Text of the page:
Simon Akam

Simon Akam is the author of The Changing of the Guard: The British Army since 9/11, which was discussed in the LRB by Tom Stevenson.

A Surfeit of Rank

Simon Akam, 10 March 2022

It’s hard for a civilian observer really to understand what rank means in the army. It’s an aura; you feel it in every interaction between officer and soldier. There is a lot of rank about in the British army. An institution that is heading towards a full-time strength of 73,000 still has no fewer than eighteen ranks, eleven commissioned and seven non-commissioned. In April last year there were 213 officers at brigadier level or higher, even though there were fewer than ten deployable brigades. A clear and rigid hierarchy has advantages in combat, where the system has to function reliably under pressure. But in almost any other situation a surfeit of rank is a problem. The challenge when filling a particular role is to find someone of the appropriate rank who also has the appropriate expertise. When these requirements are in conflict, the former often prevails.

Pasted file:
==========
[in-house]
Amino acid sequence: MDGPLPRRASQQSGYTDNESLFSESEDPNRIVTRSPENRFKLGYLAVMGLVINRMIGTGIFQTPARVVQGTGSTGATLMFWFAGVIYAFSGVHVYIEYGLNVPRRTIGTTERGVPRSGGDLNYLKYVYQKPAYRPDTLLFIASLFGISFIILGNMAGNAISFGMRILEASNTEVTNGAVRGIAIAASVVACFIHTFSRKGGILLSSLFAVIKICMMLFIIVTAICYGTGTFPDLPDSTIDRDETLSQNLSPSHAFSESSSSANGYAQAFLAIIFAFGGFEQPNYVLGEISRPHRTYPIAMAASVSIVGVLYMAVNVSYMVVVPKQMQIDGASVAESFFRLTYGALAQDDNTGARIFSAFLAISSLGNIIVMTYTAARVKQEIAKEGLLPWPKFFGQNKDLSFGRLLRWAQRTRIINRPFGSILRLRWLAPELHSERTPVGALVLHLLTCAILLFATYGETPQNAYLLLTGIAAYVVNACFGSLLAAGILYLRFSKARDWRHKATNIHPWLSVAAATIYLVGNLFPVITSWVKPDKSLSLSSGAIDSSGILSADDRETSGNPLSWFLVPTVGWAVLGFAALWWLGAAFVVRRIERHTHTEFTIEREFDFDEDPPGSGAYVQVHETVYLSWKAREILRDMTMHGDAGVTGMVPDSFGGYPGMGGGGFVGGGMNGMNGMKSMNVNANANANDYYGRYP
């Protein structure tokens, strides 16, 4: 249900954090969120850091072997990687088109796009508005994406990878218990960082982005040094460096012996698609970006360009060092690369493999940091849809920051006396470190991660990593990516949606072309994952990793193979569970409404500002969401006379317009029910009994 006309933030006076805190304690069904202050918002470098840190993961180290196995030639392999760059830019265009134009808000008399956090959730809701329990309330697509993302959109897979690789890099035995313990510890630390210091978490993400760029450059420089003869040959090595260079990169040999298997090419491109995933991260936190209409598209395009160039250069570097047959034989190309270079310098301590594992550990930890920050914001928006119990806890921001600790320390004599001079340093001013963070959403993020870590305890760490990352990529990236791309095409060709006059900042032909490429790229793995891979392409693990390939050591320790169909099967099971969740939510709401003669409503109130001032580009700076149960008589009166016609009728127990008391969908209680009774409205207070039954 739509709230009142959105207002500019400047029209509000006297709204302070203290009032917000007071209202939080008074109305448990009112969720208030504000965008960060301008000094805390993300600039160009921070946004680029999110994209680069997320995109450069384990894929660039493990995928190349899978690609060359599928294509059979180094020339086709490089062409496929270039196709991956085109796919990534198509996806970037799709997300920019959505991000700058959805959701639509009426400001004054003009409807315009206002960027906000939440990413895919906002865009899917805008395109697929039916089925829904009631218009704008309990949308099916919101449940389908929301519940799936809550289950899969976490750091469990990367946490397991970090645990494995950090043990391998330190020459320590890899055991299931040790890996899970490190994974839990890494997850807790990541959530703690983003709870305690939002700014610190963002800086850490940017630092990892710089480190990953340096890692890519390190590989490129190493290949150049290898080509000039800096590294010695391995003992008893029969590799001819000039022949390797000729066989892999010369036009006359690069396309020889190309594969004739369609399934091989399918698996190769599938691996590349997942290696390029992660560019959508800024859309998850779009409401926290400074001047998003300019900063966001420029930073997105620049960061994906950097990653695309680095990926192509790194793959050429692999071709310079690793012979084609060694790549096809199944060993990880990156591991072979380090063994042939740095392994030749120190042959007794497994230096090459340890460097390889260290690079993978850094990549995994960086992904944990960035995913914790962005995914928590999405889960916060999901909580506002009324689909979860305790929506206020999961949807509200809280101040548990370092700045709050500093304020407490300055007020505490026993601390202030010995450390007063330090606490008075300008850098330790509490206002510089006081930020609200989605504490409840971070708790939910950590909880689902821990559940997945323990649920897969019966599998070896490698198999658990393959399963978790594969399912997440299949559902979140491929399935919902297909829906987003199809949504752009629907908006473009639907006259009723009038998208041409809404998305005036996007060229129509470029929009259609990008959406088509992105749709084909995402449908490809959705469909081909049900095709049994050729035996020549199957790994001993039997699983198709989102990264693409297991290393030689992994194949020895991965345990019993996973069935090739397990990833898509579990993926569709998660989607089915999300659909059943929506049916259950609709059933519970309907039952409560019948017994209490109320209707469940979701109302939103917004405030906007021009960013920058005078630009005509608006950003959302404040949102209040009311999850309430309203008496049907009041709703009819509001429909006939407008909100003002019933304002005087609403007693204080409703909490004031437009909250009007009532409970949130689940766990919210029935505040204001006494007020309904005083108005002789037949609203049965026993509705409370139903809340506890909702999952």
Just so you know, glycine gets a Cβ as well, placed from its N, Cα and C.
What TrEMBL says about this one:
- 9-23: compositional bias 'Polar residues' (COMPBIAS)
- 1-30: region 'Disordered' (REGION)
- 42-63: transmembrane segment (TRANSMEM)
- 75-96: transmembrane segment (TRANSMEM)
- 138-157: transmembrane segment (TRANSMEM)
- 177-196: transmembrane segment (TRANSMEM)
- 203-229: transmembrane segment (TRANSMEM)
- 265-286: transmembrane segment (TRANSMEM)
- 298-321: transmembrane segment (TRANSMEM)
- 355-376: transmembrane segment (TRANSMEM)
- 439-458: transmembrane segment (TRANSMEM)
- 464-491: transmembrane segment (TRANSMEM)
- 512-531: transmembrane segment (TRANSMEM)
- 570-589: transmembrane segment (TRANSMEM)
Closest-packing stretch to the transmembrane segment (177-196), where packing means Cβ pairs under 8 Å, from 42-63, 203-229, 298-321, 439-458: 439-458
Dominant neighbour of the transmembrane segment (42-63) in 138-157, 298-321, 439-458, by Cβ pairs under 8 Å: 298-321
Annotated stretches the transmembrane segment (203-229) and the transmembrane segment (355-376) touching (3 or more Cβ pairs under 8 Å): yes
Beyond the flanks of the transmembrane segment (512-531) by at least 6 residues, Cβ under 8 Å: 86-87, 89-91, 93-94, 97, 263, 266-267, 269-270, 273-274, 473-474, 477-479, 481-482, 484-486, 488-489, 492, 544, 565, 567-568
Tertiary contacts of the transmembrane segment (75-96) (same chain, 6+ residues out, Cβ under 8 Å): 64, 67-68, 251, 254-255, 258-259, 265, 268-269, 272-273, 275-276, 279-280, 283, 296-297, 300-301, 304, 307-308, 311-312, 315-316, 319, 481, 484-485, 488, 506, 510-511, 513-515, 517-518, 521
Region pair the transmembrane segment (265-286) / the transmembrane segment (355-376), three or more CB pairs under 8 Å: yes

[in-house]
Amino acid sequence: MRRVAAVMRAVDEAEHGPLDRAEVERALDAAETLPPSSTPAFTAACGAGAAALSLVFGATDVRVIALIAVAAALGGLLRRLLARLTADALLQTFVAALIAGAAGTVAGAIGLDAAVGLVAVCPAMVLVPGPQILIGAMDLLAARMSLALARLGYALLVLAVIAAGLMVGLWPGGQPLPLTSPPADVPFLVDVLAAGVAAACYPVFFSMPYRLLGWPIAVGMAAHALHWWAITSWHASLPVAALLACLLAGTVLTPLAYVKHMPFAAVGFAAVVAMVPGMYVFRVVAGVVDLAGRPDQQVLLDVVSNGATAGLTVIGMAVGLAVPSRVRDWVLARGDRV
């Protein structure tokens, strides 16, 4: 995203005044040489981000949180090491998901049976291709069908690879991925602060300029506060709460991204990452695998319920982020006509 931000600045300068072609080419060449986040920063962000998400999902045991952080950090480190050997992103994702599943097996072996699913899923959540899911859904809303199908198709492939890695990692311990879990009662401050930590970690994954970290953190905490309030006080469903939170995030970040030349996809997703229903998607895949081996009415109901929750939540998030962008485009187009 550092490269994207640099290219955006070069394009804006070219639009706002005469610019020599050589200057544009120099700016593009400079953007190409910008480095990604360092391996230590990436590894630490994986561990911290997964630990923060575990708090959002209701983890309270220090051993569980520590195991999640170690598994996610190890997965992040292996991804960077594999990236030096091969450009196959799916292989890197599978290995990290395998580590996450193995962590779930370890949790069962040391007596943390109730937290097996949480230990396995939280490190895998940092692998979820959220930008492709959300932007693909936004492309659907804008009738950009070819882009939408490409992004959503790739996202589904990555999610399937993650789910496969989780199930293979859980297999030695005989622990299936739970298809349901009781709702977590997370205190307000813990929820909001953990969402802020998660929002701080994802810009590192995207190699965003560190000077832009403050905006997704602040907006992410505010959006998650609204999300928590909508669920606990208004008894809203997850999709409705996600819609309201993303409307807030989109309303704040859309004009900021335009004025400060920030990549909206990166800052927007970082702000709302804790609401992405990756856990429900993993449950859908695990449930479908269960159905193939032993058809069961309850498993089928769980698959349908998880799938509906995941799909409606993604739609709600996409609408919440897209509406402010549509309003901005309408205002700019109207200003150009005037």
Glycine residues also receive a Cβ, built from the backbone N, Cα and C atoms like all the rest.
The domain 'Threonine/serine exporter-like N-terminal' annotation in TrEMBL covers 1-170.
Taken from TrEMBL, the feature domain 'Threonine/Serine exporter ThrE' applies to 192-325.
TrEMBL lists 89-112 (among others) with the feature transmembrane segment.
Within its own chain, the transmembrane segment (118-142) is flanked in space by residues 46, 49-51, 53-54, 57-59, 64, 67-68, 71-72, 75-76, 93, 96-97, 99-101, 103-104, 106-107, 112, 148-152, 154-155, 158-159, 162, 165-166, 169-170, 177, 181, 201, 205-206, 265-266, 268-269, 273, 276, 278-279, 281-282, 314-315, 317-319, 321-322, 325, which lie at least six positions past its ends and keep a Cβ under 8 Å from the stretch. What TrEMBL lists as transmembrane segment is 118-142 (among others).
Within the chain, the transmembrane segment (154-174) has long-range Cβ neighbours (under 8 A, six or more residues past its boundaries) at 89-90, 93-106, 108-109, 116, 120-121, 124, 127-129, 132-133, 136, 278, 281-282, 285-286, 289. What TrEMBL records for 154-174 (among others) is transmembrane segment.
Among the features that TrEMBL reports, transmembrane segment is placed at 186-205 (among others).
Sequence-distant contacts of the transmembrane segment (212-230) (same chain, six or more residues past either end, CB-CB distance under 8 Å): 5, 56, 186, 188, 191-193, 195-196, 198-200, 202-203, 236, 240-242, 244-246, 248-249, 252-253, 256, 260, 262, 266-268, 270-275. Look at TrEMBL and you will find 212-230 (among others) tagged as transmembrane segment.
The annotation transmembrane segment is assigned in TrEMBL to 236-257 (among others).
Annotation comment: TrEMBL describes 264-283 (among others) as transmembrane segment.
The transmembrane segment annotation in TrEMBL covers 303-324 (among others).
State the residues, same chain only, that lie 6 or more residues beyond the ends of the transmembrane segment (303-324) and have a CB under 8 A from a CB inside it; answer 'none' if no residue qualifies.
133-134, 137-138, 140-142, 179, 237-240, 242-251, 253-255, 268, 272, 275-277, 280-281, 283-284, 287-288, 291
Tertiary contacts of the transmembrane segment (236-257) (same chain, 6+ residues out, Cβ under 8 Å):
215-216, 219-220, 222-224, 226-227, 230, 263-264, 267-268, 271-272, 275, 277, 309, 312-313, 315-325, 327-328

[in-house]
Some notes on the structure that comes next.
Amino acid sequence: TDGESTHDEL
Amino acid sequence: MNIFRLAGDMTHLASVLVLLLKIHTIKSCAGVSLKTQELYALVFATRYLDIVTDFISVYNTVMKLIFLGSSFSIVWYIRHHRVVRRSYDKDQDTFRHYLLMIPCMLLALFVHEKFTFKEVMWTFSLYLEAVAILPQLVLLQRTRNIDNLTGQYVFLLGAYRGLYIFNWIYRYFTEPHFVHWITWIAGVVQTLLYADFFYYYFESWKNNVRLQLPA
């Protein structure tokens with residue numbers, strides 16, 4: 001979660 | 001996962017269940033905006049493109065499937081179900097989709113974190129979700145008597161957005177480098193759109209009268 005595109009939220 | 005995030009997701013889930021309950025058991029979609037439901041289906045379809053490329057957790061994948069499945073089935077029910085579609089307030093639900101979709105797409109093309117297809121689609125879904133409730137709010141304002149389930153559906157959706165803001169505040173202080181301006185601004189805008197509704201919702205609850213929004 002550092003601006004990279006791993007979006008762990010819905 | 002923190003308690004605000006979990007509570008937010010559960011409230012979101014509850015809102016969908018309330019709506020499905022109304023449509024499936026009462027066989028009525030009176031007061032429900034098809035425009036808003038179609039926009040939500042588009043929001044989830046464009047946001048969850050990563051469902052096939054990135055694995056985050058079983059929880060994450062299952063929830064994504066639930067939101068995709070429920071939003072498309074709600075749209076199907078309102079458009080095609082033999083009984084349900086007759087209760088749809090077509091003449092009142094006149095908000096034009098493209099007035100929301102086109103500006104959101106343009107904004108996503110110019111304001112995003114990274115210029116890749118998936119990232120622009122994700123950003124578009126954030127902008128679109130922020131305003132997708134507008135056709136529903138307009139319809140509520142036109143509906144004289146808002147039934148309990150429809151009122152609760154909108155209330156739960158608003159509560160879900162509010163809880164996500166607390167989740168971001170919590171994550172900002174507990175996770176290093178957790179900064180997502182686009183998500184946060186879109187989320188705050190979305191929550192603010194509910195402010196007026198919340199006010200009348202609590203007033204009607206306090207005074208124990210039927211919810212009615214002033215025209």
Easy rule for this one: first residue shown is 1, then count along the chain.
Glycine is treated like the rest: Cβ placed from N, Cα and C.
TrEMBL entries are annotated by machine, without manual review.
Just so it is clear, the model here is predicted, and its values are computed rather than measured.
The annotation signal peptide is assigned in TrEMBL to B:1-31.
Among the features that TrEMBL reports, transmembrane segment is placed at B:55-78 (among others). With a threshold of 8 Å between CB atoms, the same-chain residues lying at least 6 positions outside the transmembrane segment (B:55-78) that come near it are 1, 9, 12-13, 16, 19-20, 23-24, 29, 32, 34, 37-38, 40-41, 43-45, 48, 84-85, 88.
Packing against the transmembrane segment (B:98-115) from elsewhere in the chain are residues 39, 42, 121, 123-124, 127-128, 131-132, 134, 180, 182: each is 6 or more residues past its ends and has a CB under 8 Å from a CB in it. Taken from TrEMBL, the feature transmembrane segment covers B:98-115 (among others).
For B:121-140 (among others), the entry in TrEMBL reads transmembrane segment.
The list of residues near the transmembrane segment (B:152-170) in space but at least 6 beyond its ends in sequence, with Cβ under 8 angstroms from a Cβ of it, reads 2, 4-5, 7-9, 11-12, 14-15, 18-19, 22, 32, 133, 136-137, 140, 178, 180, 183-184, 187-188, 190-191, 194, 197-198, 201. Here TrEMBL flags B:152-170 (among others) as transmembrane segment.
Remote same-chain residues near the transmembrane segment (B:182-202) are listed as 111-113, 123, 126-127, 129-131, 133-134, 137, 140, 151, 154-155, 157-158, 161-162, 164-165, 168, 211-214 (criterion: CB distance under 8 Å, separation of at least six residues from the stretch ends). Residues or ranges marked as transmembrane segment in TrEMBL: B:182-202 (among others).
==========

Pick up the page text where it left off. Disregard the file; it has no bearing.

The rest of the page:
It is one thing to station military forces around the world to maintain your empire, but quite another to do so for someone else’s. It’s not a new observation that those in power in Britain have become...

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